State Hazardous and Solid Waste Taxes: Understanding Their Variability
AbstractThere is substantial evidence that hazardous and solid waste facilities are located disproportionately in communities of color. While there are many potential explanations, one contributing factor might be that policy makers treat waste facilities differently, depending on the racial makeup of the facilities’ host communities. On a larger scale, policies targeted at waste facilities might also vary according to the racial make-up of entire constituencies (not just of host communities). This paper examines hazardous and solid waste taxes set by state governments and how those taxes vary according to the racial consistency of the entire state as well as within communities located inside a 3 kilometer radius of waste facilities. We also pose a set of alternative explanations for the variability in state waste taxes, including the extent of negative externalities, inter-jurisdictional competition, revenue-seeking behavior and the interplay between state and local governments. We find no evidence that policy makers consider the racial makeup of the community immediately surrounding the waste facilities when setting taxes. We do, however, find that the percent of the population in the state that is Black varies negatively with the tax rates even after controlling for income levels and voting behavior. Other important determinants of waste taxes are the percent of the state that votes, other state taxes, and inter-jurisdictional competition
Download InfoIf you experience problems downloading a file, check if you have the proper application to view it first. In case of further problems read the IDEAS help page. Note that these files are not on the IDEAS site. Please be patient as the files may be large.
Bibliographic InfoPaper provided by National Center for Environmental Economics, U.S. Environmental Protection Agency in its series NCEE Working Paper Series with number 200901.
Length: 30 pages
Date of creation: Jun 2009
Date of revision: Jun 2009
Contact details of provider:
Postal: 1200 Pennsylvania Ave., N.W., Washington, D.C. 20460
Web page: http://yosemite.epa.gov/ee/epa/eed.nsf/webpages/homepage
More information through EDIRC
hazardous waste; municipal solid waste; state waste taxes; environmental justice;
This paper has been announced in the following NEP Reports:
Please report citation or reference errors to , or , if you are the registered author of the cited work, log in to your RePEc Author Service profile, click on "citations" and make appropriate adjustments.:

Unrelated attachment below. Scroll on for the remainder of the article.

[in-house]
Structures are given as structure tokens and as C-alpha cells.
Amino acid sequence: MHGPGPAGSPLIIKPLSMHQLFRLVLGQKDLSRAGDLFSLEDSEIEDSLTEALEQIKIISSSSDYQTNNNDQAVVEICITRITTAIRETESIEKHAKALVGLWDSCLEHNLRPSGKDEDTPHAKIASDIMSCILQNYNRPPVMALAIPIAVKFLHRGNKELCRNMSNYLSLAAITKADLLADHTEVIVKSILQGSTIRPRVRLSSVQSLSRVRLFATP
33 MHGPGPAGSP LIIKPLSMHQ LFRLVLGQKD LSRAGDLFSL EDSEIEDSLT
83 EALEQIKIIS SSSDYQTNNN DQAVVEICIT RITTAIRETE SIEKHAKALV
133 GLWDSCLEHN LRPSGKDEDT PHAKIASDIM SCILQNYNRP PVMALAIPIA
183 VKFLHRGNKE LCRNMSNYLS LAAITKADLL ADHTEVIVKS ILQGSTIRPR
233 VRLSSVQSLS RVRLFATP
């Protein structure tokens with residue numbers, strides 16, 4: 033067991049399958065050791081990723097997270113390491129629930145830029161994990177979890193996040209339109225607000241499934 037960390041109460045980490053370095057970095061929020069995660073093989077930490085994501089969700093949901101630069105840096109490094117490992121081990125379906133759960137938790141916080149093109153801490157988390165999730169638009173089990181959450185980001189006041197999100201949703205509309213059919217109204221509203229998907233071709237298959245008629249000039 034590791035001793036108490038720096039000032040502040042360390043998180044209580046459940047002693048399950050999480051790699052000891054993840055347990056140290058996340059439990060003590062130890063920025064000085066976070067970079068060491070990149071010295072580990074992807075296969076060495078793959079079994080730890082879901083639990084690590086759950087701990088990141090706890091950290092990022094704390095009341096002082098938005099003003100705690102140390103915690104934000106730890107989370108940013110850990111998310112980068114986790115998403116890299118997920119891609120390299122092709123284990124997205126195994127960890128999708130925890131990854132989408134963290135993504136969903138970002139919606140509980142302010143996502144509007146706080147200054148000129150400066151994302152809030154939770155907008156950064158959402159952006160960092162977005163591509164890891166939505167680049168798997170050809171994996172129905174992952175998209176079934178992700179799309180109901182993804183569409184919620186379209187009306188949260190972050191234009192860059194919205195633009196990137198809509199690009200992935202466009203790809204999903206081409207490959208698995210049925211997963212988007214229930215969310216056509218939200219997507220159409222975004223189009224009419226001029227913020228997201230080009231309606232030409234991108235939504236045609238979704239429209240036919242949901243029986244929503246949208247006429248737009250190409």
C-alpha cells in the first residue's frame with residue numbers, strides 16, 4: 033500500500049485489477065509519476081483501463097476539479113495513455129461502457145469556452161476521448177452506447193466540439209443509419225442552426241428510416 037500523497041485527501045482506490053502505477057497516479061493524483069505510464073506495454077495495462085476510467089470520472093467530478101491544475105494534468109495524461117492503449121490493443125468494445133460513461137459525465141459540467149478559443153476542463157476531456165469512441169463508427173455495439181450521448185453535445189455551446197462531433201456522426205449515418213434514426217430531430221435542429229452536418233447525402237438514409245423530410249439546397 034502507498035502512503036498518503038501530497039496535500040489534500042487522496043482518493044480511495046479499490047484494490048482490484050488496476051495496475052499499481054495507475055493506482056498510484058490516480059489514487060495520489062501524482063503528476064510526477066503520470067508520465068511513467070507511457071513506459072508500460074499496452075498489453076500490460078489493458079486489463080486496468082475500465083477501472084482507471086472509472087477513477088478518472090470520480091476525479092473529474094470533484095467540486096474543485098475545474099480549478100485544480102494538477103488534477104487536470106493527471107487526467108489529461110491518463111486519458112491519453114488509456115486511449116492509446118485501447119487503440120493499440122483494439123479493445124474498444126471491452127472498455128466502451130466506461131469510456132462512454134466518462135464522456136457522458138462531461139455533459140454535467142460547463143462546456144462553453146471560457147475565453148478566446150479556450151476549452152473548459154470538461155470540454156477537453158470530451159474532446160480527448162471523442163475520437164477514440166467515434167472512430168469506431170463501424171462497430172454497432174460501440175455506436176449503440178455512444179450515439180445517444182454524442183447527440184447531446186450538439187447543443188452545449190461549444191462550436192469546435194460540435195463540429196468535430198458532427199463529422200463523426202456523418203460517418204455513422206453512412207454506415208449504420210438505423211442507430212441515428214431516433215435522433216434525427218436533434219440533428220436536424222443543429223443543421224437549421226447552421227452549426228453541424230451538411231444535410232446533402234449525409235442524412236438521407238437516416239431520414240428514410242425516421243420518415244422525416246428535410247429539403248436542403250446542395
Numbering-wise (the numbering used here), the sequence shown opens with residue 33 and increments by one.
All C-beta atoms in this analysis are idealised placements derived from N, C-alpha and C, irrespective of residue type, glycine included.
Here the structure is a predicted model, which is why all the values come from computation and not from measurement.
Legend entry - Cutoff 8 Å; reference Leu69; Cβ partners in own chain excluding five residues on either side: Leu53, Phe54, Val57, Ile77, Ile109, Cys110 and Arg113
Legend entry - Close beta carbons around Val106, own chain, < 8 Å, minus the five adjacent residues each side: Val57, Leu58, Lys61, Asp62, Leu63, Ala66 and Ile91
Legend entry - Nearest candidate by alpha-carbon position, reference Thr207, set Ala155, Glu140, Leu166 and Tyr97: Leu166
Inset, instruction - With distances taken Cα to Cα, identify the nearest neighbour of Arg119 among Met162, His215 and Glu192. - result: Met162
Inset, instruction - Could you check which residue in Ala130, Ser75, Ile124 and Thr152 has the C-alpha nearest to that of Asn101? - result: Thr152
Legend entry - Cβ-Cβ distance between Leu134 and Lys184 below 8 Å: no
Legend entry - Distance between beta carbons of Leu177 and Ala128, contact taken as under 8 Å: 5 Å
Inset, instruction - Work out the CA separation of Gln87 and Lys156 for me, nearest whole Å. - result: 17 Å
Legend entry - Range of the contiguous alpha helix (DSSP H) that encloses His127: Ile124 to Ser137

- Arik Levinson, 1999. "State Taxes and Interstate Hazardous Waste Shipments," American Economic Review, American Economic Association, vol. 89(3), pages 666-677, June.
- Sigman, Hilary, 1996. "The Effects of Hazardous Waste Taxes on Waste Generation and Disposal," Journal of Environmental Economics and Management, Elsevier, vol. 30(2), pages 199-217, March.
- Cynthia Morgan & Kelly B. Maguire & Robin R. Jenkins, 2002.
"Host Community Compensation and Municipal Solid Waste Landfills,"
NCEE Working Paper Series
200204, National Center for Environmental Economics, U.S. Environmental Protection Agency, revised Aug 2002.
- Robin R. Jenkins & Kelly B. Maguire & Cynthia L. Morgan, 2004. "Host Community Compensation and Municipal Solid Waste Landfills," Land Economics, University of Wisconsin Press, vol. 80(4).
- Oates, Wallace E. & Portney, Paul R., 2003.
"The political economy of environmental policy,"
Handbook of Environmental Economics,
in: K. G. Mäler & J. R. Vincent (ed.), Handbook of Environmental Economics, edition 1, volume 1, chapter 8, pages 325-354
- Ann Wolverton, 2009. "The Role of Demographic and Cost-Related Factors in Determining Where Plants Locate - A Tale of Two Texas Cities," NCEE Working Paper Series 200903, National Center for Environmental Economics, U.S. Environmental Protection Agency, revised Jun 2009.
- Aidt, Toke S., 1998. "Political internalization of economic externalities and environmental policy," Journal of Public Economics, Elsevier, vol. 69(1), pages 1-16, July.
- Hilary Sigman, 2003. "Taxing Hazardous Waste: The U.S. Experience," Departmental Working Papers 200306, Rutgers University, Department of Economics.
- Arik Levinson, 2002. "Environmental Regulatory Competition: A Status Report and Some New Evident," Working Papers gueconwpa~02-02-07, Georgetown University, Department of Economics.
- James T. Hamilton, 1995. "Testing for environmental racism: Prejudice, profits, political power?," Journal of Policy Analysis and Management, John Wiley & Sons, Ltd., vol. 14(1), pages 107-132.
- Ronald J. Shadbegian & Wayne B. Gray, 2009. "Spatial Patterns in Regulatory Enforcement: Local Tests of Environmental Justice," NCEE Working Paper Series 200902, National Center for Environmental Economics, U.S. Environmental Protection Agency, revised Jun 2009.
- Fredriksson, Per G. & Millimet, Daniel L., 2002. "Strategic Interaction and the Determination of Environmental Policy across U.S. States," Journal of Urban Economics, Elsevier, vol. 51(1), pages 101-122, January.
- Levinson, Arik, 1999. "NIMBY taxes matter: the case of state hazardous waste disposal taxes," Journal of Public Economics, Elsevier, vol. 74(1), pages 31-51, October.
For technical questions regarding this item, or to correct its authors, title, abstract, bibliographic or download information, contact: (Cynthia Morgan).
If references are entirely missing, you can add them using this form.